Board ‘determining next steps’ over legislature clerk allegations

The five-person board of management at the NWT Legislative Assembly says it is now figuring out what to do about a range of allegations levelled against the assembly’s clerk.

Tim Mercer is accused of spending more than a decade abusing his authority, harassing both staff and MLAs, and creating a toxic work environment. Mercer denies any wrongdoing, says past investigations have shown allegations against him to be unfounded, and says he will accept a “fair and impartial review” of his conduct.

Among those alleging harassment by Mercer are a committee advisor at the legislature, chief electoral officer Nicole Latour, and Tu Nedhé-Wiilideh MLA Steve Norn.


As clerk, Mercer runs most aspects of the legislature’s operations and holds the same level of authority as a deputy minister.

Mercer answers to the assembly’s board of management, which comprises Speaker of the House Frederick Blake Jr, Nunakput MLA Jackie Jacobson, Kam Lake MLA Caitlin Cleveland, and government ministers Diane Archie and Paulie Chinna.

Norn, making a statement to reporters on Monday morning, accused the board of inaction despite concerns about Mercer’s conduct being repeatedly raised.

In a news release issued on Monday afternoon, the board itself said it was “determining what next steps to take” in relation to the various complaints made against Mercer.

Regarding Norn’s complaint, the board said a mediator had tried and failed to settle differences between the MLA and Mercer. The board said it had heard from Norn on the matter on Friday, February 12. A week earlier, after three mediation sessions, the board said the mediator had reported an inability to reach an accord.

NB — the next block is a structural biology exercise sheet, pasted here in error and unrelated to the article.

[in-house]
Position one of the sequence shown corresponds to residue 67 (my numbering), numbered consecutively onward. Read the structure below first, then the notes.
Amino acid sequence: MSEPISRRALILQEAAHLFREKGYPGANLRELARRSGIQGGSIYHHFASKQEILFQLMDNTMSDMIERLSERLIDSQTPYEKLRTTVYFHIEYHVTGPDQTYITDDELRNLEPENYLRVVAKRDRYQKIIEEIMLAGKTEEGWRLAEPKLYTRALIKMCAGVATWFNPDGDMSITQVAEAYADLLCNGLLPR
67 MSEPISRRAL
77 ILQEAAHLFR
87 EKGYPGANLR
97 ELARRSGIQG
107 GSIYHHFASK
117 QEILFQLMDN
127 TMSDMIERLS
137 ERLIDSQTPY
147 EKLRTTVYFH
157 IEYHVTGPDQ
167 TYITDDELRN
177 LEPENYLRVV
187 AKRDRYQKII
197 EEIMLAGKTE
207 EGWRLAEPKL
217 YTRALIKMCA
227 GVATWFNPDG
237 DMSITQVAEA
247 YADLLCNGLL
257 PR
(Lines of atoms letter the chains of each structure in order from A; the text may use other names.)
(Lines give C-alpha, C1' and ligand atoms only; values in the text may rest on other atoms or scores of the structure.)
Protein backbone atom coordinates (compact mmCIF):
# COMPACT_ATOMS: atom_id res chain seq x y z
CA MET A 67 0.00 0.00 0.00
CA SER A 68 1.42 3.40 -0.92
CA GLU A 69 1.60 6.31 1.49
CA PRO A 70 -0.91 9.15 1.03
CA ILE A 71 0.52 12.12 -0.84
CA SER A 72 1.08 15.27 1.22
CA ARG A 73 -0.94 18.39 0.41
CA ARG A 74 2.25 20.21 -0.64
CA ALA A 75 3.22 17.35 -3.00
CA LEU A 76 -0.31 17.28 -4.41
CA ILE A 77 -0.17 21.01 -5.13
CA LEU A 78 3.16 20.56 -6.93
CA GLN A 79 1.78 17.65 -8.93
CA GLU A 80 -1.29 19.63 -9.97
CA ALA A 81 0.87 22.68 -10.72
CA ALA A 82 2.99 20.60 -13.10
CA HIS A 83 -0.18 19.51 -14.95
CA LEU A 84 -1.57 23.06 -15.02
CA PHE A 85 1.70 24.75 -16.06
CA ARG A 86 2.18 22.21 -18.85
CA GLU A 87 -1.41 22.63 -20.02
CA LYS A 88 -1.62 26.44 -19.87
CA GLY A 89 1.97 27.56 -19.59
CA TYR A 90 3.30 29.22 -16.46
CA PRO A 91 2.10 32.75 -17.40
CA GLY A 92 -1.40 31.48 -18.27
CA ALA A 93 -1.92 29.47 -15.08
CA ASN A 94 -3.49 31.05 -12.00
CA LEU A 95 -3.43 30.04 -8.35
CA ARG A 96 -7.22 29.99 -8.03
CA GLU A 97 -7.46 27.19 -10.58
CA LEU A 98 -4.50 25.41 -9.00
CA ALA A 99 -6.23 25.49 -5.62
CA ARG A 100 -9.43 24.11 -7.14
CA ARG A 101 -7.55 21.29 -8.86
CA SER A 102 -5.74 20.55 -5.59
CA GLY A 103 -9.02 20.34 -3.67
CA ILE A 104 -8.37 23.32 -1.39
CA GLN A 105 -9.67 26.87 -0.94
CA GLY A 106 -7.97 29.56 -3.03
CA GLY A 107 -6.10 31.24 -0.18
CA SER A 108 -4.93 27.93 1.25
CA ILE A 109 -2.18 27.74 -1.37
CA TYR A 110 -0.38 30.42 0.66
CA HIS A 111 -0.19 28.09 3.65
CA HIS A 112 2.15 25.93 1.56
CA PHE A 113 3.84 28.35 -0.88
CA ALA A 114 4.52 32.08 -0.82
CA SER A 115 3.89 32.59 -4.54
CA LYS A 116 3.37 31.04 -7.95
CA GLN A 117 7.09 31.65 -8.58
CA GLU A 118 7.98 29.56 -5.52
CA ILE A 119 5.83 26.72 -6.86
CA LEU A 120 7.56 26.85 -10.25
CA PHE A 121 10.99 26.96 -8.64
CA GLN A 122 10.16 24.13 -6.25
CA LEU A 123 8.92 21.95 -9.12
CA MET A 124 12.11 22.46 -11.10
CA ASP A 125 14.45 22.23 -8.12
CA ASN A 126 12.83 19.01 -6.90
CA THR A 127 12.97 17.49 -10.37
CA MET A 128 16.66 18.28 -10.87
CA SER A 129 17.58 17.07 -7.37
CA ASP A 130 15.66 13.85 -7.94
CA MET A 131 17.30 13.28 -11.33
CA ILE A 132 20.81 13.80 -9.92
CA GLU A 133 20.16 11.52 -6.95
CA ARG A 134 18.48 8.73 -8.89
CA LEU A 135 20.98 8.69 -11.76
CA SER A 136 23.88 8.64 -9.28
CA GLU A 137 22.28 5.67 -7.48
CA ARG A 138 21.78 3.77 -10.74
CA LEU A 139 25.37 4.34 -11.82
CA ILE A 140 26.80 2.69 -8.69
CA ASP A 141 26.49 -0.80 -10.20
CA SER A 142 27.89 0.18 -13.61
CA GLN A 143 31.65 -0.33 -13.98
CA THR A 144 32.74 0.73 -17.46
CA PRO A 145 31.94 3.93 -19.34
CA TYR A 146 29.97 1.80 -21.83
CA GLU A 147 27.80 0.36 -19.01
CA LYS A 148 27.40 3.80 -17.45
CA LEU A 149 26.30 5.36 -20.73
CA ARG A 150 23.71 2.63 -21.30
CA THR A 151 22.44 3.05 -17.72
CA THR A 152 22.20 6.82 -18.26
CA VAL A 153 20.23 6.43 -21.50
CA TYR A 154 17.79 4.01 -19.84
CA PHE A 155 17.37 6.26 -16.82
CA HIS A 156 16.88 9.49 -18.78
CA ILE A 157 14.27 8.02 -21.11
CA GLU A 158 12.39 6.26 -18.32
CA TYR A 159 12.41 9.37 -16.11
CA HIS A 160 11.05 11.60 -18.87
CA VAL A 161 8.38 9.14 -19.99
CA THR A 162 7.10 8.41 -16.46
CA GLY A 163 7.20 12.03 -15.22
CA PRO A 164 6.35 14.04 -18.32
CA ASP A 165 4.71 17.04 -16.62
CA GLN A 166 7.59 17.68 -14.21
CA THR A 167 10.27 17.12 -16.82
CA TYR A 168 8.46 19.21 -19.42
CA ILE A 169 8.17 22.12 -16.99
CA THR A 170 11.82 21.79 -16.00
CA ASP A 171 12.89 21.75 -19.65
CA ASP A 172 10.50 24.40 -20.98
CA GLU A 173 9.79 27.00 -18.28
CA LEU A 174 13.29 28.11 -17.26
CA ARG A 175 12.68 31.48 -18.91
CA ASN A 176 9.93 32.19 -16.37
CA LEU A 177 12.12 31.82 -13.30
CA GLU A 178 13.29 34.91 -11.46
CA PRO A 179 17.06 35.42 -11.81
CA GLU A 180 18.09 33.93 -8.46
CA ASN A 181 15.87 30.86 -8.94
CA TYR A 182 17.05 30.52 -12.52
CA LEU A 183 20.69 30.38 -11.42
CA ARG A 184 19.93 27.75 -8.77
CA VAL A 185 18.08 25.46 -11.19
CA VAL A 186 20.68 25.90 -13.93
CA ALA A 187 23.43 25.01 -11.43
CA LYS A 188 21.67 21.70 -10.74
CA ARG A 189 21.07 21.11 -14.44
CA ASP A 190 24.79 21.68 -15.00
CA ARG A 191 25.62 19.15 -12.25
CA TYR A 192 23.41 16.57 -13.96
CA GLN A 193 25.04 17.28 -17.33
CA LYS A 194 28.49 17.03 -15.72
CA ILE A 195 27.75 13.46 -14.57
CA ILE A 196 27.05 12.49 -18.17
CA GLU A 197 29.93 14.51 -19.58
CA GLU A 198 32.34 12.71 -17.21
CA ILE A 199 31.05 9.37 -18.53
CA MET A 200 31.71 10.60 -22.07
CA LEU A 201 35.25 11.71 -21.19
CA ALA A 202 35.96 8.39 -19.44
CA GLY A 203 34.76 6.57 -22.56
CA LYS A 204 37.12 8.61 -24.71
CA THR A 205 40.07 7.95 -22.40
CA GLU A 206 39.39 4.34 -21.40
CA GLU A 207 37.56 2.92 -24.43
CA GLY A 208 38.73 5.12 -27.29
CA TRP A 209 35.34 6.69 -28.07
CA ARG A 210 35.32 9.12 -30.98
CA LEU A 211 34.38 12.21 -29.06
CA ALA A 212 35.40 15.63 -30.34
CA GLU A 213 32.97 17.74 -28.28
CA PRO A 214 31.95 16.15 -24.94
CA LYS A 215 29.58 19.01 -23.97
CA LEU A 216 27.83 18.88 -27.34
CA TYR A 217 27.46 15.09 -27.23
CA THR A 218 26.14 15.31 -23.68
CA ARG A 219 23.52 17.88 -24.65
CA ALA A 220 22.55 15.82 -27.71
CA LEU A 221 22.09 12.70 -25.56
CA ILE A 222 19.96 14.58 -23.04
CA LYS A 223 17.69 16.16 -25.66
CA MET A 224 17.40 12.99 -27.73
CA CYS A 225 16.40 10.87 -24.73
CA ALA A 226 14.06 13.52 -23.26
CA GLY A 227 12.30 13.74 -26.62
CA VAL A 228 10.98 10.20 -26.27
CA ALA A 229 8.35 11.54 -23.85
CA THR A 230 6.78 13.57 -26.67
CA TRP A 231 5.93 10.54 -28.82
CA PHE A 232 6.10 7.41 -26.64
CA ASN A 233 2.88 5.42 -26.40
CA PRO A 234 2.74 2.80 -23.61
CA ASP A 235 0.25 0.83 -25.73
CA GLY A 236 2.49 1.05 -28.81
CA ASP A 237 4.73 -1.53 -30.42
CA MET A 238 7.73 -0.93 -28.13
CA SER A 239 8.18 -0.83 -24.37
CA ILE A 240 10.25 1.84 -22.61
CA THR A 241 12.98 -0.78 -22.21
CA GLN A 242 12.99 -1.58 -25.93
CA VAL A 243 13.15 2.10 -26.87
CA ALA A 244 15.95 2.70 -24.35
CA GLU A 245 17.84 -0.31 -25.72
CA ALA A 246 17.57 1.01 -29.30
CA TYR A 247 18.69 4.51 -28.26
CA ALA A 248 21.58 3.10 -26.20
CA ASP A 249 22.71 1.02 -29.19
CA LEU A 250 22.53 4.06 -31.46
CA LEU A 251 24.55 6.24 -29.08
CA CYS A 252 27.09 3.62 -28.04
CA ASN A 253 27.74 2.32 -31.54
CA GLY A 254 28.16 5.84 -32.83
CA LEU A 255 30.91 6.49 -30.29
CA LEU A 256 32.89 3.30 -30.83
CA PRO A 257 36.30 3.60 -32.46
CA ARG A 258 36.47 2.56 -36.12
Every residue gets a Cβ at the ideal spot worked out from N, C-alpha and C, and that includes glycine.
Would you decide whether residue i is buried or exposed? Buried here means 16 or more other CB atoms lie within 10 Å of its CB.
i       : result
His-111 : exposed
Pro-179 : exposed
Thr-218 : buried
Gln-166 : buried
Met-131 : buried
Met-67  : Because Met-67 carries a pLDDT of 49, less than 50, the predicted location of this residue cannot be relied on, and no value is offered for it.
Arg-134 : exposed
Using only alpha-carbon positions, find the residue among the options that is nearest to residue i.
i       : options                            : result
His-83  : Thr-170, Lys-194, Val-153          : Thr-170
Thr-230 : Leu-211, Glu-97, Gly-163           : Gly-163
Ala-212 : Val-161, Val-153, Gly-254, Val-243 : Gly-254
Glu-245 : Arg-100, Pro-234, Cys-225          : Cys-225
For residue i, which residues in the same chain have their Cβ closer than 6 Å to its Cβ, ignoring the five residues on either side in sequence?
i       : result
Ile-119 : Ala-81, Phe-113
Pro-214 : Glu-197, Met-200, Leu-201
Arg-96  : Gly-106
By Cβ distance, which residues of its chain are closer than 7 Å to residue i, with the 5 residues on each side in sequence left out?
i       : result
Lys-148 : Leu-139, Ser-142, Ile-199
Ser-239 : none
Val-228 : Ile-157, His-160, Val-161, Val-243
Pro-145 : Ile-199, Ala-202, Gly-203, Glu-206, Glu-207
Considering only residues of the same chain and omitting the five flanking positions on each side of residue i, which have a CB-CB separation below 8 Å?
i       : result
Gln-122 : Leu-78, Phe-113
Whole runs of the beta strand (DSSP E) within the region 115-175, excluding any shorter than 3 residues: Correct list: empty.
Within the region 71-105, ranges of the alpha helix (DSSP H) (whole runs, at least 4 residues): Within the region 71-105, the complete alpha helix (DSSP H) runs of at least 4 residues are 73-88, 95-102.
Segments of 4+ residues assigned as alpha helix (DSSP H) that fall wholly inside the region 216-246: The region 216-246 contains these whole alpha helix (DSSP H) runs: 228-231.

The board said it was informed of committee advisor April Taylor’s complaint about Mercer – a letter Taylor also provided to the CBC – on Thursday, February 11. The board said it became aware of Latour’s complaint, as reported by NNSL, on Friday.

Those complaints were discussed by the board on Friday evening. It’s not clear if any decisions were taken.

“The board remains focused on the management of the Legislative Assembly and will comment further when appropriate,” Monday’s news release concluded.

By email on Monday, Mercer told Cabin Radio the allegations against him were “seemingly coordinated” and said it was his job to make decisions that may prove unpopular.

“I tell it like I see it and that has the unfortunate effect of ruffling feathers. But I am paid handsomely to give fearless and expert advice,” Mercer wrote.

“I will subject myself fully to a fair and impartial review of these allegations, but will not break and bend to a coordinated attack without an opportunity to respond in a properly managed process, rather than a public shaming or media circus.”